"6. Affiant has checked with various agencies, including City of Tempe, and it is affiant's opinion that the maintenance of the street upon which plaintiff was travelling at the time of the accident was faulty and created a dangerous condition and was not up to the standards of the industry in the following respects:

"a) The City of Casper allowed gravel to windrow and remain in a windrowed condition for a period in excess of four (4) weeks;

"b) The City of Casper failed to provide signs warning vehicular traffic of the hazard;

"c) The City of Casper failed to spread windrowed material evenly across the street at regular intervals in an effort to avoid the hazardous conditions existing at the time of this occurrence."

 

[¶31.]  To the contrary is the deposition of Wilbur Kiegley, safety officer for the City of Casper, who visited the scene of the accident two days after it occurred, and stated:

"A. Well, toward the right and left sides of the street there is always a certain amount of windrowing of loose chips that haven't adhered to the pavement. It was a very moderate amount of loose chips on the center of the street. I didn't observe any unusual amounts in the intersection. That is a T intersection there.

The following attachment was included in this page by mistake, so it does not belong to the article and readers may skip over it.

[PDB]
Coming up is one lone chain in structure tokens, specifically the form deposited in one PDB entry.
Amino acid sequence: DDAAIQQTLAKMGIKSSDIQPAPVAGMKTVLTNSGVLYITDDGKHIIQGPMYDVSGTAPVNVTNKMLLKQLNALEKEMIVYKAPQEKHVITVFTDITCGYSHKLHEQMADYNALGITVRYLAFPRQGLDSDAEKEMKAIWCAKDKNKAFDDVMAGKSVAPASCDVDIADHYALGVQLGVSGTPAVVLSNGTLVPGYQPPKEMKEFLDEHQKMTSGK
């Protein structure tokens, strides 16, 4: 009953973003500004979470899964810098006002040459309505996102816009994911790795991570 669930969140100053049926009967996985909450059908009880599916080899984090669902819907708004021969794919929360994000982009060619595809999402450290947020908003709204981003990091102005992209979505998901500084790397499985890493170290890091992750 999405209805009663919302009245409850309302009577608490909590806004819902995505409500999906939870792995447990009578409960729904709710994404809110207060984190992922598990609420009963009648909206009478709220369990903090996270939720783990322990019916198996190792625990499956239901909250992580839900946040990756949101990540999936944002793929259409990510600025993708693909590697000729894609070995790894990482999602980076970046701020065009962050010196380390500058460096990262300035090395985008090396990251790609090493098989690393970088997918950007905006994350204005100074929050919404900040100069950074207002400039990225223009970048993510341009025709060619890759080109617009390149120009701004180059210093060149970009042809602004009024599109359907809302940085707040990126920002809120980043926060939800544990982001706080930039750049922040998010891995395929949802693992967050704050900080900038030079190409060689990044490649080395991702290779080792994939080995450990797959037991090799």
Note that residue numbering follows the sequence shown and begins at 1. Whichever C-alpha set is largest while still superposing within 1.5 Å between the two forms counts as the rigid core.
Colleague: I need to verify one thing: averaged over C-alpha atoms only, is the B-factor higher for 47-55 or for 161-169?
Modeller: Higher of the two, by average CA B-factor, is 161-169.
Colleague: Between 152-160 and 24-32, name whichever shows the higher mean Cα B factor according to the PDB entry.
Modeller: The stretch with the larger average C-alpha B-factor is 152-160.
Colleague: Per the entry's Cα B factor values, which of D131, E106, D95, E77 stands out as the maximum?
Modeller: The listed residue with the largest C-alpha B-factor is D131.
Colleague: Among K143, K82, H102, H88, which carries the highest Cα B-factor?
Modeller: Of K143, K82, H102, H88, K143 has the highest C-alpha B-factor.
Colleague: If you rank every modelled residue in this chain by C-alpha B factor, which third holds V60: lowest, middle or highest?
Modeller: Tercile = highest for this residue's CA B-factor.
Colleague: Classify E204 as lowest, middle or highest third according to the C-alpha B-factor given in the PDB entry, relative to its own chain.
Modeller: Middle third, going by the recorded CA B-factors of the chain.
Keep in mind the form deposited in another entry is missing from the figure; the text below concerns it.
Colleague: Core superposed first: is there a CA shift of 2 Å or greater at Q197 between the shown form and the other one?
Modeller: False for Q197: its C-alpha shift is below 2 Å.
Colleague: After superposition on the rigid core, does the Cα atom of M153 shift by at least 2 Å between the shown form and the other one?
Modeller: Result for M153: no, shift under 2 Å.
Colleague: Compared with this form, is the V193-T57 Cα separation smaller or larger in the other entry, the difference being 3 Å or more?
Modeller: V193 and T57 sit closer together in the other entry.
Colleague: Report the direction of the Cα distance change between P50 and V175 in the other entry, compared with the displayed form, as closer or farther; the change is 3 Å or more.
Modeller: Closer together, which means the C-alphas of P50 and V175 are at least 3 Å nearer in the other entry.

"Q. Okay. And the windrowing, the pile of chips, how deep were they?

"A. At best less than two inches.

"Q. And that was right at the area of the accident?

"A. No, not necessarily so. I would say that they were closer to the curb than the area of the accident.

"Q. How about the windrowing in the middle of the street? How deep was that?

"A. Oh, very nil, I would say. Just a scattering of it there."

[¶32.]  We believe the above testimony creates a genuine issue of material fact and therefore summary judgment was improper. Stephens v. Sheridan Public Employees Federal Credit Union, supra. We have previously defined material fact as one which, if proved, would have the effect of establishing or refuting one of the essential elements of the cause of action or defense asserted by the parties. Shrum v. Zeltwanger, Wyo., 559 P.2d 1384 (1977).

II

[¶33.]  The motorcycle driven by appellant at the time of the accident was a 1969 TS 250, manufactured by Suzuki. The fuel tank, filler neck and gas cap, component parts of the motorcycle claimed to be defectively designed, were not recovered after the accident, and therefore, were never available for identification, inspection and testing.